As per the title, milling cutters are used in milling machines as the working end of material removal. There are a number of different types of cutter depending on material and the type of application.
A milling cutter that is used mainly to machine on the side of the cutter and so used to profile a part.
End mills do not tend to have a clearance cutting edge on the end and so cannot be used in a plunge type of cutting ie like a drill.
The end mill is used by moving the mill into the material sideways, ie at right angles to the axis of rotation.
The image to the left shows a Dormer 4-flute End Mill.
The end mill can be machining over quite a large length of the mill and the forces can be very high and so it is best to minimise the overhangs and improve the stiffness wherever possible to reduce vibration (we have an article on reducing overhangs and the importance of this) .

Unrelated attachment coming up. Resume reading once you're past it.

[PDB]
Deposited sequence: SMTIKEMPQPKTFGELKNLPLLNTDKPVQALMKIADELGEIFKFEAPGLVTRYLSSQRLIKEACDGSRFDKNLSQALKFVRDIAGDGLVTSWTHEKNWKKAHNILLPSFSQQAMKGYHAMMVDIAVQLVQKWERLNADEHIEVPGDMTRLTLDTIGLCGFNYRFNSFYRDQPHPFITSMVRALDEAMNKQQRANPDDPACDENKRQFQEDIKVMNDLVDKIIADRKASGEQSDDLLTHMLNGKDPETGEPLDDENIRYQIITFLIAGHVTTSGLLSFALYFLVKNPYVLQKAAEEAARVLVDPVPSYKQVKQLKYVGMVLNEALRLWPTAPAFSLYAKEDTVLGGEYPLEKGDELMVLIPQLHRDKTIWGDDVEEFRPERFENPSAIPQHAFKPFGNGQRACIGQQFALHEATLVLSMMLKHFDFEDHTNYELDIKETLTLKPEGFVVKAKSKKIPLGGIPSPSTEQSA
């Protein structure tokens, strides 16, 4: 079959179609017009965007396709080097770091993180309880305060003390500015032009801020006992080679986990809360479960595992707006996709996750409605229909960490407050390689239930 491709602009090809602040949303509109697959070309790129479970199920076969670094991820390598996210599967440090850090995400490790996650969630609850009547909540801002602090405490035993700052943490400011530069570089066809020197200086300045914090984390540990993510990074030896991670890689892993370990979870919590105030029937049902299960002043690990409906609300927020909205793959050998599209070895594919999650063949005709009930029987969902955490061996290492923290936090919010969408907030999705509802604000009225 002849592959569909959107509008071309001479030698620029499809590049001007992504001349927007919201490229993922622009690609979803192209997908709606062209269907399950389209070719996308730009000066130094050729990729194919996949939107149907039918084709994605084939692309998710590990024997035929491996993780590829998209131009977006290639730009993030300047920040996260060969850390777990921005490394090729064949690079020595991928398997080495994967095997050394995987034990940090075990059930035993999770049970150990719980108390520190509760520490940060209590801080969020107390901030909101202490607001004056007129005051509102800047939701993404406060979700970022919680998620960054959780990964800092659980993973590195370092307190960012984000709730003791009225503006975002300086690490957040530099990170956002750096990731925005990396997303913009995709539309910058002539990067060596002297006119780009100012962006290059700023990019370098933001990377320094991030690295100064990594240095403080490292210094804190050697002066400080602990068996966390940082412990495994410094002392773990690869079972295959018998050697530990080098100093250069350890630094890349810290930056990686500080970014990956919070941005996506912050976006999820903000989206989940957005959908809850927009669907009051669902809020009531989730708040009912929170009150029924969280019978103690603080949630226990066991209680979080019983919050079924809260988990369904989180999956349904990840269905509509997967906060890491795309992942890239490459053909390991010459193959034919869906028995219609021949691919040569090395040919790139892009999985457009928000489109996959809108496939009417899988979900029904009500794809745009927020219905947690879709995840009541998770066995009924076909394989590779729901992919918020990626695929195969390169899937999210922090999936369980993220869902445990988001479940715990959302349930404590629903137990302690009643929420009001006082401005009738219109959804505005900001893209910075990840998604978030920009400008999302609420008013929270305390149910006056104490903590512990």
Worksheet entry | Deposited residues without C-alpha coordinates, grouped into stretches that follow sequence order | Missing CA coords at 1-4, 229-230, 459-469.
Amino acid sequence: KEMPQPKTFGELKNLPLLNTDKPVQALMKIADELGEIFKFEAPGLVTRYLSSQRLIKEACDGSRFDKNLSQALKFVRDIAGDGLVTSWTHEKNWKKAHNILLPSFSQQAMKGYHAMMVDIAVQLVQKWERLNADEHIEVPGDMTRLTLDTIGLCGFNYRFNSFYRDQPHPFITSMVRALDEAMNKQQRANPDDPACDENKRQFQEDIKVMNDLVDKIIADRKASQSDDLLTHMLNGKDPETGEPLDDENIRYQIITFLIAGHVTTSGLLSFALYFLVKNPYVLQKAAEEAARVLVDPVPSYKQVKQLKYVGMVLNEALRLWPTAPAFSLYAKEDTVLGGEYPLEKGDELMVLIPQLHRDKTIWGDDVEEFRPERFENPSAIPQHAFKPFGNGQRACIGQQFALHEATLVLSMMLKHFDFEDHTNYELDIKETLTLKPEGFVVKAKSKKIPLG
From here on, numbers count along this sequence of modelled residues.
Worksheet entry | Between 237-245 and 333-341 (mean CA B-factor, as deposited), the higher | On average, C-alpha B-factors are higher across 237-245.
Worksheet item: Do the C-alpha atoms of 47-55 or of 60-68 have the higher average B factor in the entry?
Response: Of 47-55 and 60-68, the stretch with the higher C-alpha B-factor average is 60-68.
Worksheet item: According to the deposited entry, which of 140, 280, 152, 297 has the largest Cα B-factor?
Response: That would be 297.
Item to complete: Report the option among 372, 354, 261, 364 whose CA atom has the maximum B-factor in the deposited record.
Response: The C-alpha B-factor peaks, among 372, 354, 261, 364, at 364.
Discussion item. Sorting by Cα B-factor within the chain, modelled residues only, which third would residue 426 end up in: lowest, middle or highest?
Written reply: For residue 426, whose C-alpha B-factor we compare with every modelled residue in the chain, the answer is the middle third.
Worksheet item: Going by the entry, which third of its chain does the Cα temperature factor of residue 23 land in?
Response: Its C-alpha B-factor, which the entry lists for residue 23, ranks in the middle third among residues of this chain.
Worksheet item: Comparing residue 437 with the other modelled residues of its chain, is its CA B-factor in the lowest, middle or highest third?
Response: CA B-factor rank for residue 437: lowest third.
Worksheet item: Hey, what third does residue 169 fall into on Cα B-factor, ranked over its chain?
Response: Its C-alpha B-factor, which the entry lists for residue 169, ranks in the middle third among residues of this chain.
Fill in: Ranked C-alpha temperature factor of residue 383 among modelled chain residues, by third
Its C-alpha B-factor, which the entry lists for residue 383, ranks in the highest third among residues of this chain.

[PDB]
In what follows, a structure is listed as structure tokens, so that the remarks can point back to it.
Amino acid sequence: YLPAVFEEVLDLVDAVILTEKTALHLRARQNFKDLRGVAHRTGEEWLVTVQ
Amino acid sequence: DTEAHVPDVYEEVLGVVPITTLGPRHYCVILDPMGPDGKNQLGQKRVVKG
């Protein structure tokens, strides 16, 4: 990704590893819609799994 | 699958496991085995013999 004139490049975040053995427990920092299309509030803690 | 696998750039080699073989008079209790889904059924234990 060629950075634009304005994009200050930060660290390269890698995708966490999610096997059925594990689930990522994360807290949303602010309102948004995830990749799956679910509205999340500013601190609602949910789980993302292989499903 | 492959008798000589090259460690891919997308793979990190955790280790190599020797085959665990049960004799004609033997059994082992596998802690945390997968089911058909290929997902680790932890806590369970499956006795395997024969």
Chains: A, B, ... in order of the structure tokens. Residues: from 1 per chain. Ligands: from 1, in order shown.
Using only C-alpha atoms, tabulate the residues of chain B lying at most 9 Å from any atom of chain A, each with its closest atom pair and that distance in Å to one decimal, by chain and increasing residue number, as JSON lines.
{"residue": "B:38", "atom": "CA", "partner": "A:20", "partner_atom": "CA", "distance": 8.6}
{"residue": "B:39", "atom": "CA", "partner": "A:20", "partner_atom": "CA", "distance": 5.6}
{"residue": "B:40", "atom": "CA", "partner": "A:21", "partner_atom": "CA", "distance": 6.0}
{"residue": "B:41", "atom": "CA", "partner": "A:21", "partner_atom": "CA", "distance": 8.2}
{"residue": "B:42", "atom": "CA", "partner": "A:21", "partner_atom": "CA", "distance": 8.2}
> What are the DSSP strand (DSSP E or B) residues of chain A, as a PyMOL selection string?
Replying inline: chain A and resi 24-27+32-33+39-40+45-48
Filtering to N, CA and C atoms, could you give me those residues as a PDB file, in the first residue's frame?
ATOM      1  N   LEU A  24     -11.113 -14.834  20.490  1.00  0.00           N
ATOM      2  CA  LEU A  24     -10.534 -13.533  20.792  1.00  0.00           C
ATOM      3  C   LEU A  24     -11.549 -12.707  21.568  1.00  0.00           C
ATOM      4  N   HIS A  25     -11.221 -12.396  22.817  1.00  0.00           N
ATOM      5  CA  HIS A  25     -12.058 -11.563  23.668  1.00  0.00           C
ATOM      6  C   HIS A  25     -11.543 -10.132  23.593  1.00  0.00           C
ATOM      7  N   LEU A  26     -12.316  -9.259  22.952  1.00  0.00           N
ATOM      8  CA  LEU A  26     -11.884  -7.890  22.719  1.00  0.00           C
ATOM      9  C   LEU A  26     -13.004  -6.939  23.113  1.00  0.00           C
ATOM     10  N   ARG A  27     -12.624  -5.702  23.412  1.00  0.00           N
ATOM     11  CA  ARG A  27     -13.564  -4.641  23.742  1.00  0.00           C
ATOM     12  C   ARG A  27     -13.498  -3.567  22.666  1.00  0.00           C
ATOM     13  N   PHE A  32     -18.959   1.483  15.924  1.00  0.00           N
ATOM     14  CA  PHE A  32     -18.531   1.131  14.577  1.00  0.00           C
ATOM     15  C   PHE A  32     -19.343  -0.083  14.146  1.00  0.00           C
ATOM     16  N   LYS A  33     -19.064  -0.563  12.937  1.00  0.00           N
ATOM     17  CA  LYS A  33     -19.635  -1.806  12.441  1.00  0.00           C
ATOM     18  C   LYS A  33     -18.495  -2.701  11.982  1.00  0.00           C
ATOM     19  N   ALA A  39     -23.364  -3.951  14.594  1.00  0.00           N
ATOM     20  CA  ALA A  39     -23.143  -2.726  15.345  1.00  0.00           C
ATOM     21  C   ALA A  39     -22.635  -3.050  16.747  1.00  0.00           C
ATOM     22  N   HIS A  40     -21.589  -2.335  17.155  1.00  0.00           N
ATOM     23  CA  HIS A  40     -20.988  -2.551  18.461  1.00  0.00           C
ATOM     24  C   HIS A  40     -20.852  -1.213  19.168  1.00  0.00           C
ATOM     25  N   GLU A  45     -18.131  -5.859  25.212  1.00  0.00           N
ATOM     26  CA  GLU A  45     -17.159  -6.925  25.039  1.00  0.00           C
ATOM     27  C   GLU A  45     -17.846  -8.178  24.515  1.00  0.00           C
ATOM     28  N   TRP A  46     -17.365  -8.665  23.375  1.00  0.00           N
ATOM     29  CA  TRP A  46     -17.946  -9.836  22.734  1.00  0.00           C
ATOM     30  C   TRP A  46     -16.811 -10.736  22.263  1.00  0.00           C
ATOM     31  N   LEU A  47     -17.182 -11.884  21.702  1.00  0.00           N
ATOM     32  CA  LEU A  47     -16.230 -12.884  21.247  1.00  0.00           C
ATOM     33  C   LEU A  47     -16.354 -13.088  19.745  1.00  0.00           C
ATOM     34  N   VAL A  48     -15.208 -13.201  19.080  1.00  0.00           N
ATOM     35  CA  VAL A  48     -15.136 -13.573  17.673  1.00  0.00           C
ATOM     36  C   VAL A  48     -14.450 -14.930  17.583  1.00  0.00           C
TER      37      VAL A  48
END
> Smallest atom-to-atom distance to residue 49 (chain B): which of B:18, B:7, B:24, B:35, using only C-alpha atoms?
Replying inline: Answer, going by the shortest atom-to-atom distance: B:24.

The image to the right shows an end mill being used to machine an aluminium crankcase. The outer surface is being profiled with the end mill and a rotary table.
The depth of cut is greater than the depth of cut available for this end mill and so the machining is being done in stages. This did make the final cut difficult and I ended up starting from the top and making a complete final cut around the circumference, before dropping the cutter down at the same cut depth and repeating the circumferential cut.
The roughing end mill has a wavy edge. This means there are many small cutting edges and hence a lot of material is removed.
The multiple teeth at different locations on each edge breaks up the excitation of the force on the cutter and so reduces the chance of chatter.
The downside is a rougher finish and a need to us a standard end mill as a finishing cut.
My experience of cutting gears is with cutting a single tooth at a time and then indexing the gear around one tooth and repeating the process.
In this scenario the gear cutters come in different forms depending on gear module size and the number of teeth on the gear.
The slot drill is one of the most common of the milling cutters.
In the image of the slot drills you can see that one cutting edge is longer than the other, this allows the cutting edge to be over-centre and so ensure the centred is swept. The centre clearance is different in each of these designs.
Slot drills are available in a number of different sizes, materials and tend to be available as 2 or 3 flute designs.